The rise of companies such as NSO, Hacking Team, and Gamma International, Ltd., reveal the appetite for such technology from those governments wishing to have the capability to surreptitiously monitor and track individuals and organizations. In a cyber world where Internet connectivity drives all facets of society, including but not limited to government, financial, news, and social discourse, there are many hungry patrons for these tools. For those governments that already possess an in-house capability, use of a private company’s products provides a third-party buffer, making them one-step removed from the questionable activity. For those that are unable to develop these technologies independently, purchase of such products provides an instant capability to get into the cyber spying and cyber espionage business. What’s certain is that the demand exists, and private companies feel the risk of their exposure – and that of their clients – is worth the profits on the other end.
More telling is how this privatized entrepreneurship extends past incorporated entities to anyone that has a skill or capability of which there is value. While companies like NSO, Hacking Team, and Gamma International, Ltd., can claim they only cater to “responsible” parties like governments and their agencies, other private individuals and groups recognize a seller’s market where they can offer their skills and capabilities for a price. Any interested party that lacks the infrastructure, tools, and experience to execute attacks themselves have an immediate capability, or at least a level of obfuscation that removes themselves from culpability of the attack. Criminal “as-a-service” models flourish in the underground for the very reason that a demand exists for their offerings.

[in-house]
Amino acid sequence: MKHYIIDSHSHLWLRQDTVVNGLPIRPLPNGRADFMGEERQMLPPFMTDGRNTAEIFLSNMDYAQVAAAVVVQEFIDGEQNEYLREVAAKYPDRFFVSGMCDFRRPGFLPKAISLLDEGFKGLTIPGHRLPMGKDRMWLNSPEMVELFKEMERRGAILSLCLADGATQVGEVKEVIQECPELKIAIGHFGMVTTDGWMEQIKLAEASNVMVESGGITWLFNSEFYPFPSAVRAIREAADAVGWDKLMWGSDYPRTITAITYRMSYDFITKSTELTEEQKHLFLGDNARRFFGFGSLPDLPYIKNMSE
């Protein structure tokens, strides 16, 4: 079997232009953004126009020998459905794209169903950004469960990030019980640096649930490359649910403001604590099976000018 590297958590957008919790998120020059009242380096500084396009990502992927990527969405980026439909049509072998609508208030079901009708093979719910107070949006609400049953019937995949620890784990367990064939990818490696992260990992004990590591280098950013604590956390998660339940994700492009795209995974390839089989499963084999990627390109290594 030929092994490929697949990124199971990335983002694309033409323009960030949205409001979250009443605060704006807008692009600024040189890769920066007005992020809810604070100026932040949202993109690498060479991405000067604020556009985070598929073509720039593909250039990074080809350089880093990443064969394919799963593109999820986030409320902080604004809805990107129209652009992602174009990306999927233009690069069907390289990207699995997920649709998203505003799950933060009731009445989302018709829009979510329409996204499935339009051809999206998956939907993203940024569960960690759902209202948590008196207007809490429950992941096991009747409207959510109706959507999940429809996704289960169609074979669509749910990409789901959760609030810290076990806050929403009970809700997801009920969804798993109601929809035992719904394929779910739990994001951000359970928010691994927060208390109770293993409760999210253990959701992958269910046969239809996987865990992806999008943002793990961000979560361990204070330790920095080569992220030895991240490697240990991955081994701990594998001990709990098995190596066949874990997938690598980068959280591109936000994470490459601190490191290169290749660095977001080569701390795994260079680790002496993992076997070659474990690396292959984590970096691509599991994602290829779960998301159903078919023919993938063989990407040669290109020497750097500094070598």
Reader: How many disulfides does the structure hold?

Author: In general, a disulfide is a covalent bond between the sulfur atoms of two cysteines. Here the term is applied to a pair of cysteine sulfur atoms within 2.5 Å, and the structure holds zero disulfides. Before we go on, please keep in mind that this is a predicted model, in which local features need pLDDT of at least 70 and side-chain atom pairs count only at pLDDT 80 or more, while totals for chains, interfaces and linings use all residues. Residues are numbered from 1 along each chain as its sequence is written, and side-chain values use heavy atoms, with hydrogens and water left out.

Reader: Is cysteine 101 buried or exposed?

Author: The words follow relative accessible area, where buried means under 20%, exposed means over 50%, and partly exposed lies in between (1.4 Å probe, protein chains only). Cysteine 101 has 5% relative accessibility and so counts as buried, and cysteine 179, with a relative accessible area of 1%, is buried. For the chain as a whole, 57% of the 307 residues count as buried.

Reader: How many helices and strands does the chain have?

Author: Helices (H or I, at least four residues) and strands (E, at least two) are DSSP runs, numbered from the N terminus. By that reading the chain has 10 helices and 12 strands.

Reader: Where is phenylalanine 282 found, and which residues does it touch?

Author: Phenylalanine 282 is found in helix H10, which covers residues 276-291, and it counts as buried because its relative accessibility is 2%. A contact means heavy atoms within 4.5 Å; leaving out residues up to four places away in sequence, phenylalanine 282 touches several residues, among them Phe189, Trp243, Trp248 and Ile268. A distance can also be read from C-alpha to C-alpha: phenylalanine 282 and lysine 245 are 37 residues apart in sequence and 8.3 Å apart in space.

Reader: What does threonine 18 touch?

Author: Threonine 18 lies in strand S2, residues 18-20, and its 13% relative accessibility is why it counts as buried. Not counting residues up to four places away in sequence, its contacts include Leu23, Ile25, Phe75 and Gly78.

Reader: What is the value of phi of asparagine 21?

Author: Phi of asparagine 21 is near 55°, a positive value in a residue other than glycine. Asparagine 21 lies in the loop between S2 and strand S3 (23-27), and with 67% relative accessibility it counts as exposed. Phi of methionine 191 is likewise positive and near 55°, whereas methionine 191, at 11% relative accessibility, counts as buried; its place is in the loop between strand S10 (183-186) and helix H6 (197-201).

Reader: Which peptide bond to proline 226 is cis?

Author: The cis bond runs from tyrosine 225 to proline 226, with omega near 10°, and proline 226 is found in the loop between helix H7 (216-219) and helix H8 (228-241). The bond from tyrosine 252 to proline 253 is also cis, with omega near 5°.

“Hacker-for-hire-services” is a term so overused that its meaning gets lost. Yes, there are several models that advertise services ranging from denial-of-service, ransomware extortion, phishing campaigns, and spam, among others. But cyber espionage mercenaries – groups contracted out to gain unauthorized access into networks – risk becoming a threat to any organization in either the private or public sector. Espionage has always been and will continue to be big business with the more adept non-state actors able to draw large compensation from governments or their agencies. As highlighted in a recent 2021 threat report, actors such as BAHAMUT and CostaRicto reveal that cyber mercenaries have access to tools thought at one time to be solely used by nation-state actors. This gives pause for concern as private entities can ostensibly become an arm of a state for a price, blurring the lines between private individual, private company, and government/defense contractor.